North Korea’s used to threatening the West with fiery nuclear destruction but now they’ve managed to piss off one of the few countries they’re relatively friendly with.
According to Russia Today the North Korean coast guard have intercepted a Russian yacht in international waters, with no explanation as to why, and forced it back to a North Korean port of Kimchaek.
Now the Russian embassy in the North Korean capital, Pyongyang, have demanded they release the Russian yacht and its crew.
Reportedly the ship’s crewed by a number of sportsmen who were returning to Vladivostok from an international regatta in Busan, South Korea, when they were stopped by a fishing boat sailing under the North Korean flag.
The incident happened this Friday, 85 nautical miles off the shores of North Korea at 19:25 (10:25 GMT)
According to Vesti Primorye, Dmitry Nazarov, the captain of the Russian vessel, was forced to board the North Korean vessel, while the other members of the crew locked themselves inside the yacht.
Russia’s Emergency Ministry has been told of the incident and the Russian embassy immediately asked the North Korean authorities for clarification on why they’d detained the boat.
The embassy are demanding that the North Korean authorities present detailed information on the incident by the end of Saturday.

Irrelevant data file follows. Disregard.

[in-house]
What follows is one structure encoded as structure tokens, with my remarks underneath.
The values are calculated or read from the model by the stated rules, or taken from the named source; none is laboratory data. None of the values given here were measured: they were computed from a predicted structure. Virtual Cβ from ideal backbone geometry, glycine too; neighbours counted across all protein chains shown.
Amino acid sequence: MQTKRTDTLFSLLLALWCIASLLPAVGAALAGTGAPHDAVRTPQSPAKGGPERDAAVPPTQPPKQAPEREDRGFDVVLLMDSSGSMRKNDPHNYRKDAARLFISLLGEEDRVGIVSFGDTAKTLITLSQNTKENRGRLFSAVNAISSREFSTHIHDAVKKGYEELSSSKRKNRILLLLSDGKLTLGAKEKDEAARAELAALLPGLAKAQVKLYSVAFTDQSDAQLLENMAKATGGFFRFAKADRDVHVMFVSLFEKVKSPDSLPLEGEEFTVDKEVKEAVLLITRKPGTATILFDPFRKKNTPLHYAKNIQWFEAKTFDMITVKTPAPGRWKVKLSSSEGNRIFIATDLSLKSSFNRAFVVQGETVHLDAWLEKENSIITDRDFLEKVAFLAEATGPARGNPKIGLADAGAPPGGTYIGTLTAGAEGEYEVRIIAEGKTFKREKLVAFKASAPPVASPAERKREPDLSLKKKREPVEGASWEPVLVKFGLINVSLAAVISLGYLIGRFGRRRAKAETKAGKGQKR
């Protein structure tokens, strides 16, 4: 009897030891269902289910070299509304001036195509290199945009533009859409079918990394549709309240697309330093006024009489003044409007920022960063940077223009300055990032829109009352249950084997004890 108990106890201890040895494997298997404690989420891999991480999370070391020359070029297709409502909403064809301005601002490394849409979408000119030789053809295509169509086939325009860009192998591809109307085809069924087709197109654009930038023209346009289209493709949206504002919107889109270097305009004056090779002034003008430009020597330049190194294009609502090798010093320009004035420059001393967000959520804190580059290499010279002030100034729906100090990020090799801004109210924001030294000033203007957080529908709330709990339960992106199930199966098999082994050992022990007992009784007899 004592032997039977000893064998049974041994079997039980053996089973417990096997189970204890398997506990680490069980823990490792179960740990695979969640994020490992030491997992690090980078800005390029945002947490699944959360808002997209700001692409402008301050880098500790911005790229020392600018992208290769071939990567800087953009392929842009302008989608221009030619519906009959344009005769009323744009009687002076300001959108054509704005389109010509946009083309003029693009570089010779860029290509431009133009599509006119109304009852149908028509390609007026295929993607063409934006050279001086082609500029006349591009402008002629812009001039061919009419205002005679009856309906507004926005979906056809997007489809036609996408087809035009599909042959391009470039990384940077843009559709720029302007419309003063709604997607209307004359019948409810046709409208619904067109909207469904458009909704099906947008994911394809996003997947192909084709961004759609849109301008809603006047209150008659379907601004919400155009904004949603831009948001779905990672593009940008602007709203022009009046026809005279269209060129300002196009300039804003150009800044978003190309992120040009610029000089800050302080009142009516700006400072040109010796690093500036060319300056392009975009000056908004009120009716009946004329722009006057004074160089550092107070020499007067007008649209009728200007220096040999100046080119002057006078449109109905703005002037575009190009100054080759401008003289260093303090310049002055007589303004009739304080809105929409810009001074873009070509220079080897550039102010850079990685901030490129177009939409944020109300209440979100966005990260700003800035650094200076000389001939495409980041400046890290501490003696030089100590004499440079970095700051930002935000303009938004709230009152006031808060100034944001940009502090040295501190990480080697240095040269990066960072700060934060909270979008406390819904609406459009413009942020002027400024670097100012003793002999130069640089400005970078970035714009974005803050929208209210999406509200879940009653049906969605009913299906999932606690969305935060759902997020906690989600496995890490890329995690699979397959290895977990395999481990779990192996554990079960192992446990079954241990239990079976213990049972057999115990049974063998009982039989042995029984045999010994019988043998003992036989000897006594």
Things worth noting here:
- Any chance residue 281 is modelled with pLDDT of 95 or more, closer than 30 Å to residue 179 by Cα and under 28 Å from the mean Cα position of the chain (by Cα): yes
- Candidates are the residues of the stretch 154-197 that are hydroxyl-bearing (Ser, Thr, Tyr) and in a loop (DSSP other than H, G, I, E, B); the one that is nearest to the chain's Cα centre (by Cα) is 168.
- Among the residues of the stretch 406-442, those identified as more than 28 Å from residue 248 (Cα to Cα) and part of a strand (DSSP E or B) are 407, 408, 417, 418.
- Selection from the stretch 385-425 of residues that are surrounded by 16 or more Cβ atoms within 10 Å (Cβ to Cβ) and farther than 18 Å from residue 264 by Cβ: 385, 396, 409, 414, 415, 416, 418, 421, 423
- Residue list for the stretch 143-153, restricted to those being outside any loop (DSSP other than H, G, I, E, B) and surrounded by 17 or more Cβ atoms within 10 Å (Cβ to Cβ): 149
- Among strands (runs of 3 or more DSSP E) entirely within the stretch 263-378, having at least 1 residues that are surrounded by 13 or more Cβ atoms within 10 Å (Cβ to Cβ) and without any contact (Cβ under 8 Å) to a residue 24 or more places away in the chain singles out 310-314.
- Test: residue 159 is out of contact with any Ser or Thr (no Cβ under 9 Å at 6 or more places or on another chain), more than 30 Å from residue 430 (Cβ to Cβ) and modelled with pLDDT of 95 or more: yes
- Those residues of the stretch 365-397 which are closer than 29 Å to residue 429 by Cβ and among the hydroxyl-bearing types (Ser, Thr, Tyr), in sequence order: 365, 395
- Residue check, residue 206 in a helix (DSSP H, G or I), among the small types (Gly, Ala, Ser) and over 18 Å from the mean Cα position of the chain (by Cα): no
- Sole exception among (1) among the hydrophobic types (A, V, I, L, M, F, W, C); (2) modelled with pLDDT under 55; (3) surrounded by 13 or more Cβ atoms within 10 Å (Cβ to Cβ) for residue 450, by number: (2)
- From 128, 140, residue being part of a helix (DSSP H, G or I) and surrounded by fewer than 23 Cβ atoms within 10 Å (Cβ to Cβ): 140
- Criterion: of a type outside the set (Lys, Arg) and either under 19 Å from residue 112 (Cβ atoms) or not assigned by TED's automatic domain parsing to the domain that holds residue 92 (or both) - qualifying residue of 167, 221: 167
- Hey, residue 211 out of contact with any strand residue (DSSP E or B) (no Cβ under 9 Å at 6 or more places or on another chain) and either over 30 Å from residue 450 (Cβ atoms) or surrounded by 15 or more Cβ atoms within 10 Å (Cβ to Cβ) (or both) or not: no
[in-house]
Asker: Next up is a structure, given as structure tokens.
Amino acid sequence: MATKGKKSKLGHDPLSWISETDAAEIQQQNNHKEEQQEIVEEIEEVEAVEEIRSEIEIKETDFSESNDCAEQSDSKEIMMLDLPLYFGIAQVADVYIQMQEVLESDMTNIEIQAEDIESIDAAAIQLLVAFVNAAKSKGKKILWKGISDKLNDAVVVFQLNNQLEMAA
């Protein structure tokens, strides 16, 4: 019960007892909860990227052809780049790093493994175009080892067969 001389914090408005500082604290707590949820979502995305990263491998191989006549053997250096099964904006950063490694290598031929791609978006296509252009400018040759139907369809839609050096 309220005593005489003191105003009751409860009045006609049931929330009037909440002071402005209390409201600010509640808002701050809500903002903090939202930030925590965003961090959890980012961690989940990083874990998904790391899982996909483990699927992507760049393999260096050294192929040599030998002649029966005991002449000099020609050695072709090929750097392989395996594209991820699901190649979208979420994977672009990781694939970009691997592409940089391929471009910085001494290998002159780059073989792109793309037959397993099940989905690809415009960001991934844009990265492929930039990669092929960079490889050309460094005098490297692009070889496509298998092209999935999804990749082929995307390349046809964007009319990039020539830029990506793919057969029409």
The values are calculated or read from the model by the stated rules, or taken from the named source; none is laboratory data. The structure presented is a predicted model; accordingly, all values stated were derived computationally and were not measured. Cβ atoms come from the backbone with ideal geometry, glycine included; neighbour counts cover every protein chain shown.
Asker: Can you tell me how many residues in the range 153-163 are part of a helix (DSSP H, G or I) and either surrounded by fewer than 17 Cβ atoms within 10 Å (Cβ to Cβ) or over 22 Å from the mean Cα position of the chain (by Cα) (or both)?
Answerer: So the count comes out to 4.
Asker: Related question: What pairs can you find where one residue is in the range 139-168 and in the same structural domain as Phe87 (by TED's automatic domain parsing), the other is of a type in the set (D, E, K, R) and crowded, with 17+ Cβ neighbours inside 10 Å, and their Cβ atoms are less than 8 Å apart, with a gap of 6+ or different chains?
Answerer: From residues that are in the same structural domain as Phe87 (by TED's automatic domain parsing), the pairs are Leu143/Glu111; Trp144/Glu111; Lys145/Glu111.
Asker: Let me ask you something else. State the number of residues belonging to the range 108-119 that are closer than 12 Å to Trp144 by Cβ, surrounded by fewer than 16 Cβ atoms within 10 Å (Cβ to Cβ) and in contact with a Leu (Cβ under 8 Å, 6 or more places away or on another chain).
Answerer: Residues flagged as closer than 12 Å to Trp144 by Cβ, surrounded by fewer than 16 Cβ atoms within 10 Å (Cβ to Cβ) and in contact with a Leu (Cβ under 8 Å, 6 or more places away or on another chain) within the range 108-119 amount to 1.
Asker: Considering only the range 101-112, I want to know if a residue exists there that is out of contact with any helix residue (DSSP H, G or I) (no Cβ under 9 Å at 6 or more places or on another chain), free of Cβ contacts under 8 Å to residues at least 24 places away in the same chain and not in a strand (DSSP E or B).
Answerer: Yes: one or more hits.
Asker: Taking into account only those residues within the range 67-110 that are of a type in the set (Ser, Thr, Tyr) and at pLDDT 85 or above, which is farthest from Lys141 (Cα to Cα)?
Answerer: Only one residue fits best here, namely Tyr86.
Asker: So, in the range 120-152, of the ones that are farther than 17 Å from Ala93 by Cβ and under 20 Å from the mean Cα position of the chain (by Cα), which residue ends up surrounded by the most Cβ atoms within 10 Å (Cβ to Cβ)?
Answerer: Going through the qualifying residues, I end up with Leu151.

It’s believed that the crew accidentally passed into North Korea’s territorial waters because North Korea police a 50 mile stretch rather than the usual 12 miles.
Meanwhile the vice-president of Russia’s Primorye Yachting Sport Federation, Evgeny Khromchenko, has claimed that the crew have been in touch with their relatives by phone.
Khromchenko explained that the captain of the Elfin was guiding his vessel through a route he had sailed ‘dozens of times‘ and that the crew are likely to be detained for ‘two-three days’.
He also condemned the actions of the North Koreans saying that they acted unlawfully ‘like pirates’.
More of a concept than a journalist, Tom Percival was forged in the bowels of Salford University from which he emerged grasping a Masters in journalism.
Since then his rise has been described by himself as ‘meteoric’ rising to the esteemed rank of Social Editor at UNILAD as well as working at the BBC, Manchester Evening News, and ITV.
He credits his success to three core techniques, name repetition, personality mirroring, and never breaking off a handshake.